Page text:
The financial crisis of 2007-2008 was supposed to present an opportunity for the left. It would be a “social-democratic moment”. Radicals spoke of the potential collapse of capitalism, while Keynesians were determined to make capitalism safe for the world once more.
The left was correct to anticipate that the economic shocks would convulse our politics. It was wrong, however, to assume that this would be to its benefit. In the UK and elsewhere, the left has lost ground to populists and to establishment conservatives. On 23 June, Britain voted to leave the European Union, a project in which progressives had vested so much. There is no turning back.
The centre left has endured crises before – notably in the 1930s and the Thatcherite 1980s – and recovered. But the situation today feels different. The left appears to be in structural, rather than merely cyclical, decline. Its historic electoral coalition of the liberal middle class and the industrial working class is fracturing, as Robert Ford, Ros Wynne-Jones and John Harris write in this issue’s cover feature.
The Brexit vote reflected and reinforced the schism in the Labour Party. Those who voted Leave and those who voted Remain viewed each other as citizens of different countries.
The left’s weakness is not simply one of electoral failure but one of political intent. It possesses no project comparable to the socialism of the 1930s and 1940s, the Keynesianism of the 1950s and 1960s, or even the “Third Way” of the 1990s. To an insecure and distrusting electorate, it has appeared neither bold enough nor credible enough.
Throughout the West, we are witnessing a turn towards populism: blue-collar Democrats in the United States defecting to Donald Trump’s Republican Party, French Socialists turning to Marine Le Pen, Social Democrats in Germany embracing Alternative für Deutschland. Populists of left and right thrive by offering seductively simple answers to economic and cultural grievances. We are witnessing a surge of separatist or nationalist movements – in Scotland, Belgium, Italy, Spain and the Balkans. Meanwhile, the centre right is able to secure and maintain power in many countries by trading on its perceived competence and pragmatism.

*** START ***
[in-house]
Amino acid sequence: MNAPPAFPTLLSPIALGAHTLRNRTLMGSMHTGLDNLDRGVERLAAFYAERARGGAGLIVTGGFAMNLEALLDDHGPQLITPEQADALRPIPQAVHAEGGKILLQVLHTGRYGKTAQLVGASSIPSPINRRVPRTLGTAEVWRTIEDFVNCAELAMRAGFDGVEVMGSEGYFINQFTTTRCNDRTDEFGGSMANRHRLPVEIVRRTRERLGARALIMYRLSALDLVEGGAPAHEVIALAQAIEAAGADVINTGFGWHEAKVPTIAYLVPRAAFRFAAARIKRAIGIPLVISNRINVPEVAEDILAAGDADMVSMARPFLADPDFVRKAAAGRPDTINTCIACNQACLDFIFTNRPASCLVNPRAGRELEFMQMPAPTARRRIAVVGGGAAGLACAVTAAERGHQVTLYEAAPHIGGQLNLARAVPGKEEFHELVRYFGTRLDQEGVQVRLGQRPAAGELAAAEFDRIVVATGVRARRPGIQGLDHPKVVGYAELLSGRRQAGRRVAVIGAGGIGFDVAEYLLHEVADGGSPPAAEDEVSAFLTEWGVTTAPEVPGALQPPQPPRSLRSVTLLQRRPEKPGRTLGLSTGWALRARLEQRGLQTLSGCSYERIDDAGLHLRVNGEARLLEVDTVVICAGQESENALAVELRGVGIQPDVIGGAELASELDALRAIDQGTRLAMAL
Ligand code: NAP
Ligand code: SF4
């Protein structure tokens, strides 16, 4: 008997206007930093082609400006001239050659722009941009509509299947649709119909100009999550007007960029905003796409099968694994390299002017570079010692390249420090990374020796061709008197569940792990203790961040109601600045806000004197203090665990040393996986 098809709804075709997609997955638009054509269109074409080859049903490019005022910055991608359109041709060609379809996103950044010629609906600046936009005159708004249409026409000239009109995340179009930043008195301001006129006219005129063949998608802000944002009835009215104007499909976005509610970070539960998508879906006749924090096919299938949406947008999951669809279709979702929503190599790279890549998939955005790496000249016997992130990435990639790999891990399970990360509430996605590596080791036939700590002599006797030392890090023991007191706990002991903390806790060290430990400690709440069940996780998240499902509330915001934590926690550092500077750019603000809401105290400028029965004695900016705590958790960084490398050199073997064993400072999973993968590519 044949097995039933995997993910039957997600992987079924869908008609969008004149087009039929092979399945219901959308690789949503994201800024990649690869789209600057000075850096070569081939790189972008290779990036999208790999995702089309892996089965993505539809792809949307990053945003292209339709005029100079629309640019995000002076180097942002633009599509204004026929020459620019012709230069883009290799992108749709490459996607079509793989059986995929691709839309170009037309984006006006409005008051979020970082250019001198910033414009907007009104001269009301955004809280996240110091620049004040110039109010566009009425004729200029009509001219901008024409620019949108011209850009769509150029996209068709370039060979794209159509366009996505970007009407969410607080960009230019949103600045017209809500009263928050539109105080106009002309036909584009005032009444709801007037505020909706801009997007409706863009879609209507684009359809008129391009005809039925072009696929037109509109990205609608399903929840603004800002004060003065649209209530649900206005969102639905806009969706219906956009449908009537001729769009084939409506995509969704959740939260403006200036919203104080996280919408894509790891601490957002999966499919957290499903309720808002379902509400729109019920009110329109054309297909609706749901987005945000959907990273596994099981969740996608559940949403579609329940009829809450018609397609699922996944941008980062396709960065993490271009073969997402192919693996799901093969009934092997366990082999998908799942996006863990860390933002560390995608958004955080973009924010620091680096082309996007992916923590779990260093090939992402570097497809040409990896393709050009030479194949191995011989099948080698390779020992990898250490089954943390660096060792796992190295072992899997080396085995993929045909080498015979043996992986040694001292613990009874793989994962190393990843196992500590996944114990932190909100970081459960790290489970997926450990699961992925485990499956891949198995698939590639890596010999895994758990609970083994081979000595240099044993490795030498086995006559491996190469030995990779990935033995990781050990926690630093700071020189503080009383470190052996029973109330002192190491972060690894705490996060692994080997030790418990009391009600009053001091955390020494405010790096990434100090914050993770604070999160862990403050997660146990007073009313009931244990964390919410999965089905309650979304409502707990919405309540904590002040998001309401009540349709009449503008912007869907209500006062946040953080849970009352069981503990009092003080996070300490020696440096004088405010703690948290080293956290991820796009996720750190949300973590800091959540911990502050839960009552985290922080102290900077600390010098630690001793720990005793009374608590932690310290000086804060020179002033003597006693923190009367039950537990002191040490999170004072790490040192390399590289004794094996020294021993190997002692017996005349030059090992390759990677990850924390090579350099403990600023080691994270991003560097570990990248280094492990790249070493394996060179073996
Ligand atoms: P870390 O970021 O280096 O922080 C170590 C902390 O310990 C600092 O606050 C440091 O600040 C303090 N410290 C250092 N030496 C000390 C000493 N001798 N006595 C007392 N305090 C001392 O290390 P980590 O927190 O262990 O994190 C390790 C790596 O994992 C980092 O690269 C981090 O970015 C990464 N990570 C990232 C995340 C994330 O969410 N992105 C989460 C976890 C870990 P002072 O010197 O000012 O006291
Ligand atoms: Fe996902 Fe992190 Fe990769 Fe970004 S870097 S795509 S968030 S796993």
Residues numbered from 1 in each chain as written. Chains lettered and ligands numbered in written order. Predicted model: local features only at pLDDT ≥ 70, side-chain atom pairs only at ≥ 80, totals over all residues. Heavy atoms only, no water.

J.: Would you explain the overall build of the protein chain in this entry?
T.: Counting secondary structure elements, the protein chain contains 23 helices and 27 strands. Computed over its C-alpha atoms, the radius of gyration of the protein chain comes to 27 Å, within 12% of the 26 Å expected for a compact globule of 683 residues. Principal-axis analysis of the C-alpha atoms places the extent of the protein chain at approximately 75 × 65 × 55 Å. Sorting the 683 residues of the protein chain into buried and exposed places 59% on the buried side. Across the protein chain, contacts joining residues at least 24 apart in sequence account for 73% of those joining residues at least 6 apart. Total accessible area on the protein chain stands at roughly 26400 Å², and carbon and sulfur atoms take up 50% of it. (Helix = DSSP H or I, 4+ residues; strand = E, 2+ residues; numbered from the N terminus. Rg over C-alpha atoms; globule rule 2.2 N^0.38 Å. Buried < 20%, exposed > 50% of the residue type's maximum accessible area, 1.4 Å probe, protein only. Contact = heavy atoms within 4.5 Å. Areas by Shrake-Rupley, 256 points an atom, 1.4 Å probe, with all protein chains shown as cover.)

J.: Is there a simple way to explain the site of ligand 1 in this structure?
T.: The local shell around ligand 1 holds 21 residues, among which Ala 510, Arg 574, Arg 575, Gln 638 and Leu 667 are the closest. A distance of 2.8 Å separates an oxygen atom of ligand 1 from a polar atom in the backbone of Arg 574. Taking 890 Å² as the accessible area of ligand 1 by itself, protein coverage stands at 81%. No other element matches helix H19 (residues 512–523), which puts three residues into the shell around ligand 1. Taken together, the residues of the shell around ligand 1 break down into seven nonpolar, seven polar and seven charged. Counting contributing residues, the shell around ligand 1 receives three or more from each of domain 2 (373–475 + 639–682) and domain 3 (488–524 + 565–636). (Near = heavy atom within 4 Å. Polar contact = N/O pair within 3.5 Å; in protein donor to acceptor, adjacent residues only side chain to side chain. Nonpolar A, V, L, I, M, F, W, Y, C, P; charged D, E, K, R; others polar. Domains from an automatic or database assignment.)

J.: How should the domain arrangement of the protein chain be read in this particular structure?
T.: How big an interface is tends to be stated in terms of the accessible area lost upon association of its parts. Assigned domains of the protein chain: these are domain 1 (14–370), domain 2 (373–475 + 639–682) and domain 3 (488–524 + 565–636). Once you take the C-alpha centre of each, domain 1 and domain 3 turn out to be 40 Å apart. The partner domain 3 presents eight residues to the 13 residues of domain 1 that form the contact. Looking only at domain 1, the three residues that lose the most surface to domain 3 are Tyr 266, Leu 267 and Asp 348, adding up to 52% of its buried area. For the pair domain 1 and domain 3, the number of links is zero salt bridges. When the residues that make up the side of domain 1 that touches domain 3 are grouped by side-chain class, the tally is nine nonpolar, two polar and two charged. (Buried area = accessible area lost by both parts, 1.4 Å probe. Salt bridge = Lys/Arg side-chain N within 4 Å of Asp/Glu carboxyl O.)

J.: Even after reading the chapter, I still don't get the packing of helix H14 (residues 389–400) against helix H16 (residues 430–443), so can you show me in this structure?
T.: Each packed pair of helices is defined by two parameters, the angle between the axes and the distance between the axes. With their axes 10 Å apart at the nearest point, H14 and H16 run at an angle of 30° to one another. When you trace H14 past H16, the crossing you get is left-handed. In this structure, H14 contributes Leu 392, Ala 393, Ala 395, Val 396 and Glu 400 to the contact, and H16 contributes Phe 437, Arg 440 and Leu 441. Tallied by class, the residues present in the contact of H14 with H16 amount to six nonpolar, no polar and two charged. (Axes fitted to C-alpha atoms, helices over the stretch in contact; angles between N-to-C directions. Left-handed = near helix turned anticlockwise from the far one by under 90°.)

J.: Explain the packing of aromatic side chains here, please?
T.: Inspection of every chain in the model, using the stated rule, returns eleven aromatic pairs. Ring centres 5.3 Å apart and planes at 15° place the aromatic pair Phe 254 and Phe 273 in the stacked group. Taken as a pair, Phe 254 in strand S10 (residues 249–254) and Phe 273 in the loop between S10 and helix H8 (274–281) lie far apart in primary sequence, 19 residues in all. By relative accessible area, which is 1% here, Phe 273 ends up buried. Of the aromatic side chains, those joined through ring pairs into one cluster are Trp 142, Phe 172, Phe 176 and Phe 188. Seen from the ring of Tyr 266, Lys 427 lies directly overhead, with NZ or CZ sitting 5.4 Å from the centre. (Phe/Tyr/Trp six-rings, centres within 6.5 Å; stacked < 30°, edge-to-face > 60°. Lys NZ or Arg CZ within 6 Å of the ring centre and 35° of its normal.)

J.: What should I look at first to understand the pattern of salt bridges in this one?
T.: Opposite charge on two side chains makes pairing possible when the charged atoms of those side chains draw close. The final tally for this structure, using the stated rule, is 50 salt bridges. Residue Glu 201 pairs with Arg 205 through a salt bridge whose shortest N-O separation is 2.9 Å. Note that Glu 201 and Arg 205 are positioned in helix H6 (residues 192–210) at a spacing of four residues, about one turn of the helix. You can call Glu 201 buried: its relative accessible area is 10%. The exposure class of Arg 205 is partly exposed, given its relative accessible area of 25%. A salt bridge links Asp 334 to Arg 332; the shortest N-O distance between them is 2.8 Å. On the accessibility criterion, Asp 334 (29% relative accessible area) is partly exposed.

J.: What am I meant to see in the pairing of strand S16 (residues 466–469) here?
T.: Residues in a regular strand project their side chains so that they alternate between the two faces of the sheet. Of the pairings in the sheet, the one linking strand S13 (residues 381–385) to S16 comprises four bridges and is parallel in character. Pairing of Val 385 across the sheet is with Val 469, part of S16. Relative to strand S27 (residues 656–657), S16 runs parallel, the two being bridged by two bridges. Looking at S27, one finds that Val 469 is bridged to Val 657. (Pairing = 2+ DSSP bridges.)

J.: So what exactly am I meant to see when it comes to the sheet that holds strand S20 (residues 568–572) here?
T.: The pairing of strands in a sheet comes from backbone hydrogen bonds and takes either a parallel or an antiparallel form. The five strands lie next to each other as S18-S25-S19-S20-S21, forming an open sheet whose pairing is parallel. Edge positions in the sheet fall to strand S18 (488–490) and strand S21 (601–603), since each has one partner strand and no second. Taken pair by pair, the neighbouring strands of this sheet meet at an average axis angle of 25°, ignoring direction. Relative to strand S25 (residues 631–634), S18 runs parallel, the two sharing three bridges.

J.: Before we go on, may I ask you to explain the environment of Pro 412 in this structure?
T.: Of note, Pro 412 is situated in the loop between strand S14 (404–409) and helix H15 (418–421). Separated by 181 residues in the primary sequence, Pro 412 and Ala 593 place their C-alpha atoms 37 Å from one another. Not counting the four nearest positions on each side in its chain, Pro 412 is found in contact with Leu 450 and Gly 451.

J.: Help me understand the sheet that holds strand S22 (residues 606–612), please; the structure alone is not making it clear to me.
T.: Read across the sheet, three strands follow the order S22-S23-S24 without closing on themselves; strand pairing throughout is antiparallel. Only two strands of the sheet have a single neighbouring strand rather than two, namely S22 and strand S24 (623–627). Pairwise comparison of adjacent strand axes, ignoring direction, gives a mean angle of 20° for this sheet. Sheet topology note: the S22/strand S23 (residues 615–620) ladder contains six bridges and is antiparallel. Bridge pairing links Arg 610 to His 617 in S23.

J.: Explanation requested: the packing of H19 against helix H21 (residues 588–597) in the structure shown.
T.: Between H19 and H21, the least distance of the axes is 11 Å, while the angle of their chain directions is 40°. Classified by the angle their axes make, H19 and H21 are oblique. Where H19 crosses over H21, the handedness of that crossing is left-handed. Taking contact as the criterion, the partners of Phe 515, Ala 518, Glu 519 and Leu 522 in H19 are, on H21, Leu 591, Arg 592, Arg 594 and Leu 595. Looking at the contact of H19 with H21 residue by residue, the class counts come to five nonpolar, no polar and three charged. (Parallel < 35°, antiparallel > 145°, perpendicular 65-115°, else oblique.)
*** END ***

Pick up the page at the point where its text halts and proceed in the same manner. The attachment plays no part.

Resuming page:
Globalisation has undermined the left by weakening class solidarity and loosening the cultural ties that bind. It has spurred the rise of a defensive identity politics, to which progressive cosmopolitans have struggled to respond. And it has led to grotesque inequalities.
Left-wing parties are not, however, without purpose. They exist, as David Runciman writes on page 41, “to use the power of the state to rectify unjust distributions of power in society”. Yet these parties must also understand the trends remaking the economy and society: automation, the power of global networks and digital technology, the rise of self-employment and the gig economy, increasing life expectancy, nationalism, the fracturing of class loyalties.
The left must seek to harness the productive potential of these transformations while ensuring that their benefits are fairly distributed. Having too often centralised power, it should unambiguously embrace devolution and pluralism, as Lisa Nandy, Marc Stears, Neal Lawson and several other contributors suggest. By transferring responsibility downwards, politicians can increase trust, reduce inefficiency and enable innovation.
In an age of sharpened national identity, the left must craft a progressive patriotism that can counter the exclusivism of the right. Finally, it must unite cosmopolitans and communitarians around common causes and projects.
The Brexit vote and the accompanying increase in national responsibility provide an opportunity to reconsider the purpose of the state. In this week’s magazine, John Gray suggests that Theresa May has glimpsed the future and is prepared to run with it, as the Thatcherites did at the end of the 1970s.
So is this a post-liberal moment? Must these new times be associated with the ascendancy of the right? For the left, the threat of permanent marginalisation is real. Its social and cultural roots are no longer deep enough for it to assume that the electoral wheel will eventually turn in its favour. The risk is of a future in which the left protests while the right governs.
This article appears in the 15 Feb 2017 issue of the New Statesman, The New Times